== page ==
Also note, that we can easily anchor on Ethereum (and other blockchains) without any significant changes since we use Chainpoint for anchoring, which is blockchain agnostic. This will anchor the data similarly to Bitcoin (does not make use of smart contracts) but there is no real incentive to include it yet.
It goes without saying that no one should be able to modify or tamper a digital credential. While it is trivial to get a unique fingerprint from a digital document it is quite challenging to guarantee what was the original fingerprint. However, as mentioned in the previous design decision Bitcoin’s blockchain stores and timestamps the fingerprints in a decentralized and immutable manner securing the credentials from tampering.
We wanted the whole process to be as simple as possible; to involve no other services or products other than (in this case) the Bitcoin blockchain. A simple solution is easier to test and validate, and again, the less dependencies the less potential attack vectors. With respect to users, we needed a format that most would be familiar with in their day to day (digital) life and thus we opted to use the PDF format. The PDF should be appropriately annotated so that it is self-contained with no external dependencies.
PDF/A is an ISO-standardized format specialized for use in archiving and long-term preservation of electronic documents. It is an intuitive medium that most users are comfortable with and know how to view them. Moreover, the vast majority of the digital credentials (or any document) created are in PDF format, and most institutions that issue digital credentials issue them in PDF anyway.
Following Bitcoin’s example, we wanted our solution to be open and permissionless. The core library, which includes all the functionality, is open source and anyone can use it to issue, revoke, and validate credentials. On top of that, we published our work detailing how we managed revocation in an immutable ledger (a topic for another article) as well as the platform in general, sharing with everyone exactly how our platform works so that others may benefit from that.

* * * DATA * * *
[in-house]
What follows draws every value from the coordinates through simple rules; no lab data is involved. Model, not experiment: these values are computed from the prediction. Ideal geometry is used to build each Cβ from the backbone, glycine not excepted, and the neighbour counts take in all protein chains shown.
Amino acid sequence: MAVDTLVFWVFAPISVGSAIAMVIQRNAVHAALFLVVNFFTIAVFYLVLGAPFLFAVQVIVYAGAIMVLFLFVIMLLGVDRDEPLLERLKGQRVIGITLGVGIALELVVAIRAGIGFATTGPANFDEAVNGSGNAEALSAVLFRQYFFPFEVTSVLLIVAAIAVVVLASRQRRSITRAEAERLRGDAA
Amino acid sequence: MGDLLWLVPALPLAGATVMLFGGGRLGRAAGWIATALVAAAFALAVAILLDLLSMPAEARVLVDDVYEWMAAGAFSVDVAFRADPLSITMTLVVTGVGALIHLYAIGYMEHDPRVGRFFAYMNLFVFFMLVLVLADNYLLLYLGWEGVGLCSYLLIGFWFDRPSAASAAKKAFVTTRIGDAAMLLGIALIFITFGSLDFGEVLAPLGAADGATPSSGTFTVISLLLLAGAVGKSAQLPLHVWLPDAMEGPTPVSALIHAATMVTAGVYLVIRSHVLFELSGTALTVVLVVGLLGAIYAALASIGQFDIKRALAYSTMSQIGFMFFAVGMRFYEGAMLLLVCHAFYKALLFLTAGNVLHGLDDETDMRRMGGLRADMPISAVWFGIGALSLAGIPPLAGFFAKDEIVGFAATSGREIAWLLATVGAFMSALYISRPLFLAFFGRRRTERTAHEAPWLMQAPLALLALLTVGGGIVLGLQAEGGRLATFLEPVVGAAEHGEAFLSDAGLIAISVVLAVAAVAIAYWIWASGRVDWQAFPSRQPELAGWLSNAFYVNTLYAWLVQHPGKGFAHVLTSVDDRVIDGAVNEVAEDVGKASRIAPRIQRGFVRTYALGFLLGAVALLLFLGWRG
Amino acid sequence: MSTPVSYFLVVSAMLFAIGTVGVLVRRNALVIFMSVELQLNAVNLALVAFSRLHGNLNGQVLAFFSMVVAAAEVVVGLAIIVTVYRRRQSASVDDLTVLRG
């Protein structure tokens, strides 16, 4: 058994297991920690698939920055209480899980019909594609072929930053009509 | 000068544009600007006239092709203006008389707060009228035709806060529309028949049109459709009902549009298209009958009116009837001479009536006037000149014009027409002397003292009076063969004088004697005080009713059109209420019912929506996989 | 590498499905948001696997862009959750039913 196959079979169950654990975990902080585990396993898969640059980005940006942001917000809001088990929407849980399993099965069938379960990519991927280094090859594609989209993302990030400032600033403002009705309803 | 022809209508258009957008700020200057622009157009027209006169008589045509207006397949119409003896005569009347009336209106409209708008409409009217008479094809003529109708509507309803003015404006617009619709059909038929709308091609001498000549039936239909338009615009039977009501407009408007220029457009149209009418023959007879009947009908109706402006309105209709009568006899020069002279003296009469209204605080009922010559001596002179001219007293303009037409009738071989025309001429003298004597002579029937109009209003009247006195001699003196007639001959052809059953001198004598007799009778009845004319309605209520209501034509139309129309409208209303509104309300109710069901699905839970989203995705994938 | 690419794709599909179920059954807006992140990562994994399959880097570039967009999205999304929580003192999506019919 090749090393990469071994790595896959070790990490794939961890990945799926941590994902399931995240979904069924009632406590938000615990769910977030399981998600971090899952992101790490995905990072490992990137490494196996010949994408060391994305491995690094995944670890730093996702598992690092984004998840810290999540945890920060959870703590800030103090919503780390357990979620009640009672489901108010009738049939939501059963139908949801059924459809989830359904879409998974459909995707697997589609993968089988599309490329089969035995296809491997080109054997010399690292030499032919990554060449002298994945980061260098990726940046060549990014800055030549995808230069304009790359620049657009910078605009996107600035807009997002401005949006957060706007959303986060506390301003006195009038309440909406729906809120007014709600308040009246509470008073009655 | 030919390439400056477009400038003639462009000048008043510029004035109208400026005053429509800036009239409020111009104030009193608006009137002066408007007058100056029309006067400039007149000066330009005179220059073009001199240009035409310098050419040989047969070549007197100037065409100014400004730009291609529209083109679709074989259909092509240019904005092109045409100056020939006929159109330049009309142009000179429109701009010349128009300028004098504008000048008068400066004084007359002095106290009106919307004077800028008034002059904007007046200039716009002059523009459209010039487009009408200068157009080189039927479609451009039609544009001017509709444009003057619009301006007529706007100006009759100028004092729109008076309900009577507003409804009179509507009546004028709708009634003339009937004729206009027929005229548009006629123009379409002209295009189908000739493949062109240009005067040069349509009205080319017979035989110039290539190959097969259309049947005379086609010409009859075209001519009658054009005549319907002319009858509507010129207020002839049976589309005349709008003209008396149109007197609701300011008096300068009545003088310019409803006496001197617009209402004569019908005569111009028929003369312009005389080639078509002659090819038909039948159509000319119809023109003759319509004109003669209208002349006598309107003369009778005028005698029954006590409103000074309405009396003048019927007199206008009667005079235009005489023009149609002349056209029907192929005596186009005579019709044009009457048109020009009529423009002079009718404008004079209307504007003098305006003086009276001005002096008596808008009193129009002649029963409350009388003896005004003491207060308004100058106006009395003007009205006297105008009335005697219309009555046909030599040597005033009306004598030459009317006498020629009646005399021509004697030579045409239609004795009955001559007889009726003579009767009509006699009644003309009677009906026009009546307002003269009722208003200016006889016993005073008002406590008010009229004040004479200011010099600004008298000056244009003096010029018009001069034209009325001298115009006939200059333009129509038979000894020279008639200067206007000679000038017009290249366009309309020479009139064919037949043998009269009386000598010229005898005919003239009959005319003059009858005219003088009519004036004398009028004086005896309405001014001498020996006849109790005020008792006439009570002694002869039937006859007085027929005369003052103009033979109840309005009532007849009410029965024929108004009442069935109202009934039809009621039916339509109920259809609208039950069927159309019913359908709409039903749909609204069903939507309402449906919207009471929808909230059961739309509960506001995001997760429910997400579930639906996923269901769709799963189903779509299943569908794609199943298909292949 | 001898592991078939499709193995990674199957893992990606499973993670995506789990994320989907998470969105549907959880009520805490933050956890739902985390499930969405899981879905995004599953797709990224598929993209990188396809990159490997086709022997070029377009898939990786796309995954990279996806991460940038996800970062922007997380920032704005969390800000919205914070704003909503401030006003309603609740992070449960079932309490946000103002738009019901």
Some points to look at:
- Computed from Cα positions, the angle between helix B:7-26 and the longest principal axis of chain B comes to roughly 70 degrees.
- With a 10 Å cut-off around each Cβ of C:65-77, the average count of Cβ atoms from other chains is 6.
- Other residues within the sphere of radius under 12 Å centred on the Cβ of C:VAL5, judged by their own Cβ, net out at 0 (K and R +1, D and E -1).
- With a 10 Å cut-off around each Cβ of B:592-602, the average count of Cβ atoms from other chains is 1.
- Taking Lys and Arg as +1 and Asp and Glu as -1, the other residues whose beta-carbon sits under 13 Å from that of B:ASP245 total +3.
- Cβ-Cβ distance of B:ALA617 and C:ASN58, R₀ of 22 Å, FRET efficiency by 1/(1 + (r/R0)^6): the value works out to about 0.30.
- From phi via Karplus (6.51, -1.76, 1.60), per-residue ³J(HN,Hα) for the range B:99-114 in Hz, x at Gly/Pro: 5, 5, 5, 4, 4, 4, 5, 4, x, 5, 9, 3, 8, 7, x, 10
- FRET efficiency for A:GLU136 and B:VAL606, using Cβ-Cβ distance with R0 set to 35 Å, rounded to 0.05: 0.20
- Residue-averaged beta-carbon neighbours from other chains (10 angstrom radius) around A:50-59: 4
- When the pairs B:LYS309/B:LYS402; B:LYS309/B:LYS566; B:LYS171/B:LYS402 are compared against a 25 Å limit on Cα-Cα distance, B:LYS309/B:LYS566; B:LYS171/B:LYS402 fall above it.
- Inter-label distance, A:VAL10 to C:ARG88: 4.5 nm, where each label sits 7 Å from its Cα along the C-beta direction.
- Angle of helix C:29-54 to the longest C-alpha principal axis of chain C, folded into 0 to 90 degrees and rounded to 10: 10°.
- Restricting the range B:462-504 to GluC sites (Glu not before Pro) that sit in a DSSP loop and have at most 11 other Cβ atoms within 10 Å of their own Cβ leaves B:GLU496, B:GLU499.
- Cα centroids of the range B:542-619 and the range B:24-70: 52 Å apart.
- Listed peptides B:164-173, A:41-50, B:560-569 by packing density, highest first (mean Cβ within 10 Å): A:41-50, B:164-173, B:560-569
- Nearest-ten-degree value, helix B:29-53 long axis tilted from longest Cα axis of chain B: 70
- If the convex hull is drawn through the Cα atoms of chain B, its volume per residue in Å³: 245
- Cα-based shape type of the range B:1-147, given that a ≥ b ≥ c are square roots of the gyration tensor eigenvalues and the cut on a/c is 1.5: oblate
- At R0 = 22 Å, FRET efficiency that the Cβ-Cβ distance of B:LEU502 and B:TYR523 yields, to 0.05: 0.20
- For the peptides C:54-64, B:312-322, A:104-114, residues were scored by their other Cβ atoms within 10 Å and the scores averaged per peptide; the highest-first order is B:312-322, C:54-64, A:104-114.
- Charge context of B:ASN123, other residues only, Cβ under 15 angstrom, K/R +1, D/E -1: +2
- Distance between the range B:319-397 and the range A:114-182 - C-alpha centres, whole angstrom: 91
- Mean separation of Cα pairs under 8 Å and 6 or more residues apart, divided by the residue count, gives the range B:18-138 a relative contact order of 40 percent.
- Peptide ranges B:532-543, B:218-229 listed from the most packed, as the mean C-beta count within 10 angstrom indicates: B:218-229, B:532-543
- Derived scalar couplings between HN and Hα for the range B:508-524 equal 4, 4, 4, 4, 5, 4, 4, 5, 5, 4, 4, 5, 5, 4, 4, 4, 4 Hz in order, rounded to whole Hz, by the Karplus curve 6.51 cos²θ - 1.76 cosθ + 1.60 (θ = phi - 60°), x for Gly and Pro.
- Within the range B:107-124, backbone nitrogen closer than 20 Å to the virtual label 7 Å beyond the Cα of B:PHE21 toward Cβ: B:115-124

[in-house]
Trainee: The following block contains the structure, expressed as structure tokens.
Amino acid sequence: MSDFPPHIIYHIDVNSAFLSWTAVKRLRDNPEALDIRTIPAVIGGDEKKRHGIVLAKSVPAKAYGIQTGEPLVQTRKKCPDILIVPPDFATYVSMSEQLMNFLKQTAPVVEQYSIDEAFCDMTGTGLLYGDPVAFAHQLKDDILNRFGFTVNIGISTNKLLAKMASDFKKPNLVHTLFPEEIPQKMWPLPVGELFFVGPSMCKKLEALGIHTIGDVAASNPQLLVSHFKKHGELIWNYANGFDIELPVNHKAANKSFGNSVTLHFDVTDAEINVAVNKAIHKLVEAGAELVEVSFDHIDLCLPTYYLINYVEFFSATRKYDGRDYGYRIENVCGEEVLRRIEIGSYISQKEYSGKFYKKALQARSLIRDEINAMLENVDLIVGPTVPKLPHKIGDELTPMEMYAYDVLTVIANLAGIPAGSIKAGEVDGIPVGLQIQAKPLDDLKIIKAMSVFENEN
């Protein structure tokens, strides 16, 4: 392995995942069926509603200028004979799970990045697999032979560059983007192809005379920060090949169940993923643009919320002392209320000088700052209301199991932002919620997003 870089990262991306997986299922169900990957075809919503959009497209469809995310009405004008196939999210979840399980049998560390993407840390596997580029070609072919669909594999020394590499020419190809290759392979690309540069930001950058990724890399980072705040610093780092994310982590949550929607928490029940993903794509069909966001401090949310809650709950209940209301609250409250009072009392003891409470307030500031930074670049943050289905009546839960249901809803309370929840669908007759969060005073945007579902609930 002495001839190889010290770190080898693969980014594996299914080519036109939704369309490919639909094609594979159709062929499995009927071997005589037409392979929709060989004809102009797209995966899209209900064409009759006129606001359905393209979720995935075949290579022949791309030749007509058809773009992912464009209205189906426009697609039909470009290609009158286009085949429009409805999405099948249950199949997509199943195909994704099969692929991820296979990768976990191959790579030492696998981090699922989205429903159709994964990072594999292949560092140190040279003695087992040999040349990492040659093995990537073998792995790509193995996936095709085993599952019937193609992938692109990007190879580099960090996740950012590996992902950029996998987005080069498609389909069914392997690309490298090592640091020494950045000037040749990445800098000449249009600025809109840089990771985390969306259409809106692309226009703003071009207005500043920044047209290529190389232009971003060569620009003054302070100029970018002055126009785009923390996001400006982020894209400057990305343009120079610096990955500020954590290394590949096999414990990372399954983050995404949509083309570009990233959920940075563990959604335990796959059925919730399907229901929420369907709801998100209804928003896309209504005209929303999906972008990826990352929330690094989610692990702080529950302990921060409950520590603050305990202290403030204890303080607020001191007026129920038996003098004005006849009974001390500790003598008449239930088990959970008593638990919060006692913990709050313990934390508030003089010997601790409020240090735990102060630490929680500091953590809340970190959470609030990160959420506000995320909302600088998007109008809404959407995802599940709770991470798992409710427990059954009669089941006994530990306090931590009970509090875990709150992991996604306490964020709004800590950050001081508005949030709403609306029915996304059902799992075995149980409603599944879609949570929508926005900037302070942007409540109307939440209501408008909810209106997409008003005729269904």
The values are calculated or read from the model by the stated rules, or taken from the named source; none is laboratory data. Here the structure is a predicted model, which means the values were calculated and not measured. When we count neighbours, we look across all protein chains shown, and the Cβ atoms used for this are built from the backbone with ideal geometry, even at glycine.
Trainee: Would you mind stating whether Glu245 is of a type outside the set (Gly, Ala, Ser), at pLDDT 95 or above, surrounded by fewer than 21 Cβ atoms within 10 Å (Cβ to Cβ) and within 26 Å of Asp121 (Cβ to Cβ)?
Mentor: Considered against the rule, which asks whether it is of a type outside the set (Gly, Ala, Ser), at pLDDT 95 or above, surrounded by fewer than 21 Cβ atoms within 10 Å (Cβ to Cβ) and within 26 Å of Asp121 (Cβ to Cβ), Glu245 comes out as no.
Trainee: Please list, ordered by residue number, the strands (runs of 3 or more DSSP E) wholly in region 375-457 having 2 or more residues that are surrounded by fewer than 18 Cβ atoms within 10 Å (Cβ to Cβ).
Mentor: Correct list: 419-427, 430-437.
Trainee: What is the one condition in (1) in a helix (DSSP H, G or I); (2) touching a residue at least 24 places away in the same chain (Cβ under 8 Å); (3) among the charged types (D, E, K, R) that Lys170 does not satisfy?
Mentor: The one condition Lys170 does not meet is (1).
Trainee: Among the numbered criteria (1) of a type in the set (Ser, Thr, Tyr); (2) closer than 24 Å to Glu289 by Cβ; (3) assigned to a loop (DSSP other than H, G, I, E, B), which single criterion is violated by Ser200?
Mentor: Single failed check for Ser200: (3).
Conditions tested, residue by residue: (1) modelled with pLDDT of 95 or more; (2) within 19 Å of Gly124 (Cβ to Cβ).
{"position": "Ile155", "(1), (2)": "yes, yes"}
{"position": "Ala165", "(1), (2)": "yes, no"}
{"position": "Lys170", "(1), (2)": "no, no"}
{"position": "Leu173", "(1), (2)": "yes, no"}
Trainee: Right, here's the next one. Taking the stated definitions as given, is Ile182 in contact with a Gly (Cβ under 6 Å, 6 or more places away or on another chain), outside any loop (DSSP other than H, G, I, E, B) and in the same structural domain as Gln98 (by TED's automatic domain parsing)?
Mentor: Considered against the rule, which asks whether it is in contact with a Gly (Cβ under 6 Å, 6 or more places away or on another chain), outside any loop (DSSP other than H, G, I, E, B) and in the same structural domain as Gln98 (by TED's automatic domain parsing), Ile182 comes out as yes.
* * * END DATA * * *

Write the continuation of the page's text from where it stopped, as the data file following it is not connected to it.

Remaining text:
Our platform makes use of blockchain technology to provide an all-in-one-solution abiding by the above design principles by providing a simple, scalable and robust solution to how digital credentials can be digitized, published, revoked, and independently validated. For more details on how this is achieved technically please consult this publication, the repository, and our website.
It is important to be open with the solution provided so that everyone can access the technology. It is also important to be able to align with others to make interoperable platforms for credentials. When we started working on digital credentials and their verification the standardization efforts were in their infancy. Some adhoc standards were used like Chainpoint which attempts to standardize how data is anchored in a blockchain. Sometimes the goals of the efforts were not aligned with ours. For example, W3C’s Verifiable Credentials and Open Badges did not have initially considered platforms that want to be decentralized like ours. Some still lack the features required (Open Badges) while others (Verifiable Credentials) later evolved to accommodate decentralized identifiers and other mechanisms required by a solution like ours.
In light of these updates, we are re-evaluating compliance with all standardization efforts that are in alignment with our design principles described in this article. We still feel that the adoption of these standards will take years to be fruitful but we will update appropriately to be compliant. We are even adding mechanisms to re-issue existing certificates with the new standards when they are mature enough to be useful.